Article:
Exploring Root Architecture as a Defense against Soil-Borne Pathogens
CSANR Project 131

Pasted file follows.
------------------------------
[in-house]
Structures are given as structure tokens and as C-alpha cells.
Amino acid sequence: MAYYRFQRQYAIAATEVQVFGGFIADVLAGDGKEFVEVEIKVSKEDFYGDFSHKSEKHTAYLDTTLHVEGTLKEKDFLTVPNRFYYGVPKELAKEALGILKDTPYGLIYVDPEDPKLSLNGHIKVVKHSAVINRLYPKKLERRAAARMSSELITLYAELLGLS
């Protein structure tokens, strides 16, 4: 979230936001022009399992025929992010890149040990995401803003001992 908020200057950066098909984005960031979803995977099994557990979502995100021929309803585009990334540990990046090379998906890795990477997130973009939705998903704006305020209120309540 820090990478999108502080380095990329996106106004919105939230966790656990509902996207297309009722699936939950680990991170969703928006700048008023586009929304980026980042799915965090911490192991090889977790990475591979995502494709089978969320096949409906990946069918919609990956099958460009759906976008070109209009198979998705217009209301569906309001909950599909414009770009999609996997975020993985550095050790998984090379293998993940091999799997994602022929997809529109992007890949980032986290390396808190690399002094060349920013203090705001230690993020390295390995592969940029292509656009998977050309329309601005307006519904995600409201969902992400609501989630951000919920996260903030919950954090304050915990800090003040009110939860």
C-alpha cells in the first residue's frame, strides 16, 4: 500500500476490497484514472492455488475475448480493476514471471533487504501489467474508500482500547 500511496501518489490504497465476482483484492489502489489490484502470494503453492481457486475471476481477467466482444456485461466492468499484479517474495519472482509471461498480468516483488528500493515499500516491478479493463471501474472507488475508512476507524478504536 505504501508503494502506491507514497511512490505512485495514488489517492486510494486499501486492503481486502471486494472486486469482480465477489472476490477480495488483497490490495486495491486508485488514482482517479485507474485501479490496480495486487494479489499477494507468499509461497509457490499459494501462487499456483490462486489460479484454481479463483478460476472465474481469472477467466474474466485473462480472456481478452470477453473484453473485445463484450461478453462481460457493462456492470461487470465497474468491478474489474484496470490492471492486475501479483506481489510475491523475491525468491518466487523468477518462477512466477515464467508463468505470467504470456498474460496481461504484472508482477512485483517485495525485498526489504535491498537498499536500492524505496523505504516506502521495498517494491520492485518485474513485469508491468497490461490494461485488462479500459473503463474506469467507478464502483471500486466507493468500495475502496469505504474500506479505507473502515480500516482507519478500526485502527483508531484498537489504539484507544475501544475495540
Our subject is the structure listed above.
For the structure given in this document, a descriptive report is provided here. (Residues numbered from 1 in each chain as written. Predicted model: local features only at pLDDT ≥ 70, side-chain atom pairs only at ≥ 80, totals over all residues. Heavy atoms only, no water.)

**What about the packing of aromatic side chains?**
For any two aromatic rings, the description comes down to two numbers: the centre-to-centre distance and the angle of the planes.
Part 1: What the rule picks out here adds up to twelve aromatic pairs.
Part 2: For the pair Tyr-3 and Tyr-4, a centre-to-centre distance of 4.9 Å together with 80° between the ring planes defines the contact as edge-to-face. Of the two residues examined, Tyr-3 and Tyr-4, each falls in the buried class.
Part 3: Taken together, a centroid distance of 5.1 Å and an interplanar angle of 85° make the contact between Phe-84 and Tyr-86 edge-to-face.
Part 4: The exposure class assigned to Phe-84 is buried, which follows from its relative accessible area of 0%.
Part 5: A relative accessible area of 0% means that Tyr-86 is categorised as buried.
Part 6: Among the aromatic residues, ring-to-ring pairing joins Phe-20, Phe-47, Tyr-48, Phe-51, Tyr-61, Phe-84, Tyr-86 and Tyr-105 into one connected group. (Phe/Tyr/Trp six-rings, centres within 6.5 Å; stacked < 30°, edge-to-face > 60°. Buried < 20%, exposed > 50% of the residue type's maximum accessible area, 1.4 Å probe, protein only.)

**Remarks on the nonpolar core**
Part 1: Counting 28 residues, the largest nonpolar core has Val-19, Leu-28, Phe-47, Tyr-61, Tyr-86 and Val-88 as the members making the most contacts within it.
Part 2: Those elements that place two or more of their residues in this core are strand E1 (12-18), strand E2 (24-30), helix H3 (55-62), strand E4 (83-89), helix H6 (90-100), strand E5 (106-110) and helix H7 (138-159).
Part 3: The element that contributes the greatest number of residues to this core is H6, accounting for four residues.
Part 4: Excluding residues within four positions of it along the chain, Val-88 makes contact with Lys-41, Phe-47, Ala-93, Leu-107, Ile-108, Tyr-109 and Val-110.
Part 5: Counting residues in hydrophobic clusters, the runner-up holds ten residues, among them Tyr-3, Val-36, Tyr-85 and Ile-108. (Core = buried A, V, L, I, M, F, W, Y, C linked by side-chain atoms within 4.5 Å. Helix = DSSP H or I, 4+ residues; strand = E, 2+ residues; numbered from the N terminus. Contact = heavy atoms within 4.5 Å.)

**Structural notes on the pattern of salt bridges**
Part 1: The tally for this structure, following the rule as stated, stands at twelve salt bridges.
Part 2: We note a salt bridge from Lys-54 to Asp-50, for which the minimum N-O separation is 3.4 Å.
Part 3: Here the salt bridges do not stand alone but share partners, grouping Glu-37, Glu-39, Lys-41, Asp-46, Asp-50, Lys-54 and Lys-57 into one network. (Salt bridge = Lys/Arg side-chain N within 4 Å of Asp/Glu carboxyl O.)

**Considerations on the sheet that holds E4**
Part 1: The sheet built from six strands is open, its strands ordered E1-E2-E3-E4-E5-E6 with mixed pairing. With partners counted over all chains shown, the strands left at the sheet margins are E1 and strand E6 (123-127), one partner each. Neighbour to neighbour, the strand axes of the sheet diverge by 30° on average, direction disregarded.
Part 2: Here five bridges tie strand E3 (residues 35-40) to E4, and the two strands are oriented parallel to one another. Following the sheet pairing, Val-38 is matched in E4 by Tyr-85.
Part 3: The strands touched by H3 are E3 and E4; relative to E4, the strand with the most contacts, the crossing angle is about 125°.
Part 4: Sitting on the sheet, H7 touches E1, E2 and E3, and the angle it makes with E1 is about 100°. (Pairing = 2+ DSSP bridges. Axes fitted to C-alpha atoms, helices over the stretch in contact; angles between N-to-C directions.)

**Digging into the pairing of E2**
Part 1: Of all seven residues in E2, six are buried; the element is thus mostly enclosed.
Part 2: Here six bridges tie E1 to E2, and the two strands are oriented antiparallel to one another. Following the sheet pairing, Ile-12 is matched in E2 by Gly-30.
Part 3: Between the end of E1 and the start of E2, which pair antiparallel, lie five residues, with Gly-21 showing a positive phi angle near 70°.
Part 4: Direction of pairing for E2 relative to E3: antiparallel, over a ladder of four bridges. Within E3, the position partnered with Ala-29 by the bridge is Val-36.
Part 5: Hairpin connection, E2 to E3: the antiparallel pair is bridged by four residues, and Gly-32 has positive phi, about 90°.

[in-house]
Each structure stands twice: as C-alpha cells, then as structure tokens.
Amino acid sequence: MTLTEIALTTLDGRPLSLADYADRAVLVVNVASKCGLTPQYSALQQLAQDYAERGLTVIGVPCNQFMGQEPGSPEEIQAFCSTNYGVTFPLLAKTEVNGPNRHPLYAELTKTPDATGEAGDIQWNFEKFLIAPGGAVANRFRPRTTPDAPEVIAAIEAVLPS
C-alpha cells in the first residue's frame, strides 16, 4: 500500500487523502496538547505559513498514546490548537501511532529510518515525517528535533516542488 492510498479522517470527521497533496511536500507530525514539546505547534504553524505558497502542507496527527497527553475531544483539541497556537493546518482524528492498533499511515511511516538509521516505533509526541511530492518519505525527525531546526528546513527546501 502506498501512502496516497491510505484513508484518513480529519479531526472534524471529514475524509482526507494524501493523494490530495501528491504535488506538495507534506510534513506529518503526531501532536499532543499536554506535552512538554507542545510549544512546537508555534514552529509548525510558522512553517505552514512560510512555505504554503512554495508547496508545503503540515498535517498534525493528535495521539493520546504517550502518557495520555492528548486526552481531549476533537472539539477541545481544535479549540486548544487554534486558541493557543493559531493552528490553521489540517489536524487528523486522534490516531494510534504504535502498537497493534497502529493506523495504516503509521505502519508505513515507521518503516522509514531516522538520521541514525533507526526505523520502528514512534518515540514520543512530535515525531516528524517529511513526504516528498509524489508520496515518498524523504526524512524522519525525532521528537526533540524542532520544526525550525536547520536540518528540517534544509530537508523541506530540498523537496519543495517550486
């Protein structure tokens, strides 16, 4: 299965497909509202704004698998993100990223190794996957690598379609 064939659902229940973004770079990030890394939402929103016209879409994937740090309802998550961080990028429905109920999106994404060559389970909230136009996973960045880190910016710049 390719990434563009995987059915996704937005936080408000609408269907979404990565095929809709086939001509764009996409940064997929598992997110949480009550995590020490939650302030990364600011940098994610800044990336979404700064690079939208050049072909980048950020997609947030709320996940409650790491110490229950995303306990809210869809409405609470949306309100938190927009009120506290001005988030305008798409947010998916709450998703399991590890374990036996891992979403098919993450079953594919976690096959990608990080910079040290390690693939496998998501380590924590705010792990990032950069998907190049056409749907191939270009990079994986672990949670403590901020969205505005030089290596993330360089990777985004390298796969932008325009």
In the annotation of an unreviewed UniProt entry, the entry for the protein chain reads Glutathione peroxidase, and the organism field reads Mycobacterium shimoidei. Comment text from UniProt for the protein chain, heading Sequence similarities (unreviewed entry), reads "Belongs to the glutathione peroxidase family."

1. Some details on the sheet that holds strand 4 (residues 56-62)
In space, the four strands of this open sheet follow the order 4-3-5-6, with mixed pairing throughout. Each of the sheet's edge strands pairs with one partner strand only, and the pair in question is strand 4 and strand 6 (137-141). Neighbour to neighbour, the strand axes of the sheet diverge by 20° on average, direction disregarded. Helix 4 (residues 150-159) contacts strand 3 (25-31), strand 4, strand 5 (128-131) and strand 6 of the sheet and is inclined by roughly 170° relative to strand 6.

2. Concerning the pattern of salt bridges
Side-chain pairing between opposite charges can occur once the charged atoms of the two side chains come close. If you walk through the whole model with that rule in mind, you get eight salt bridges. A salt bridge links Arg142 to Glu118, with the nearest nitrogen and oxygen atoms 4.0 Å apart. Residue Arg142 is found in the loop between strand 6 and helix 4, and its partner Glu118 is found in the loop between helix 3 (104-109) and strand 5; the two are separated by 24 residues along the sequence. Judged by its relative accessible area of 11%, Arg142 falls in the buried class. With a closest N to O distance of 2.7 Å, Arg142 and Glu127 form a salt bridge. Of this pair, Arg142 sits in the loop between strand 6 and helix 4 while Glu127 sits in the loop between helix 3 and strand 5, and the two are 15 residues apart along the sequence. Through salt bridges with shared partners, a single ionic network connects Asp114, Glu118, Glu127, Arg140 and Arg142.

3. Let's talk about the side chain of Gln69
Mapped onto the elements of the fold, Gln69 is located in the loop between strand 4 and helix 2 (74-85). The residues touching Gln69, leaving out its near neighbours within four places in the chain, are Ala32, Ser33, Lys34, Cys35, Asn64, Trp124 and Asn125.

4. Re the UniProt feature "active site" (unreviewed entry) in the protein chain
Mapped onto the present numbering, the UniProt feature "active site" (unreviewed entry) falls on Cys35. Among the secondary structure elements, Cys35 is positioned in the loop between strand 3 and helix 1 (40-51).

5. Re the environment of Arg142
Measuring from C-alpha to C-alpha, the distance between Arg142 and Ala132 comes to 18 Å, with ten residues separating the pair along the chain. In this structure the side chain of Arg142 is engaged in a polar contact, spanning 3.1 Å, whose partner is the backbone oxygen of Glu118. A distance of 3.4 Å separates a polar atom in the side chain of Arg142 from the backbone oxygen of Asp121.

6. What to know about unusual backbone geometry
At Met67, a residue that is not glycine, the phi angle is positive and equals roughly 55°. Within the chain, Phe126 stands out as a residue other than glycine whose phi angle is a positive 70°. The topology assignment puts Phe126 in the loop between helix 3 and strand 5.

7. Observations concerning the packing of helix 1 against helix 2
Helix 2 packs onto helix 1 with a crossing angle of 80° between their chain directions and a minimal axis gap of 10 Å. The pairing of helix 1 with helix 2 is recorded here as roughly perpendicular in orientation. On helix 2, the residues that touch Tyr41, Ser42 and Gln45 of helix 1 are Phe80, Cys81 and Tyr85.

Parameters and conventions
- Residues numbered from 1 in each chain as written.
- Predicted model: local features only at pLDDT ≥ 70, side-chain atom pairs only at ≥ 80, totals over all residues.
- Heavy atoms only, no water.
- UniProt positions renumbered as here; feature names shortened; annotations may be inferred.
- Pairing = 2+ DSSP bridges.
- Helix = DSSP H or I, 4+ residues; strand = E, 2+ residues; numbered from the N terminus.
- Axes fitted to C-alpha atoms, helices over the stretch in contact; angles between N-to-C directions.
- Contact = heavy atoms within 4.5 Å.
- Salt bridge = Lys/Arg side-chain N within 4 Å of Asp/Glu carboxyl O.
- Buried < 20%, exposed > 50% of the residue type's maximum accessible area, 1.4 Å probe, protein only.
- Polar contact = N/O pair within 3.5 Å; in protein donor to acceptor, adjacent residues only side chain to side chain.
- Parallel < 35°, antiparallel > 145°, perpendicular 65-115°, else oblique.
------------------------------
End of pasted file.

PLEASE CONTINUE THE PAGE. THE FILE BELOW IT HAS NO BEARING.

Soil-borne pathogens, particularly root-lesion nematodes (Pratylenchus spp.), Fusarium spp., and Rhizoctonia spp. are a major constraint to grain production in the Pacific Northwest. Yield losses associated with these pathogens rages from 20-60% in infested fields. Symptoms often mimic drought or nutrient deficiencies because of plant root damage. The options available to growers to control pathogen populations that are environmentally and economically sustainable are limited. Soil-borne pathogens are associated with reduced tillage and need to be controlled in order to expand this soil conserving farming practice. Resistance to Pratylenchus has been identified in a wheat landrace accession, AUS28451, and correlated with root lignin content. Root lignin has been shown to act as a physical barrier against fungal penetration. It is therefore likely accession AUS28451 also has some resistance to Fusarium and Rhizoctonia. A single source of resistance to multiple pathogens will be a useful tool for wheat breeders since resistance to all three pathogens is lacking in our adapted varieties and introgression from multiple sources would be a challenging task. As many studies have shown soil-borne resistance is often quantitative, identifying molecular markers associated with the suspected mechanism of resistance will assist in breeder efforts. Once resistance to these soil-borne pathogens becomes available, growers will be able to reduce chemical and cost inputs for wheat production and promote sustainability.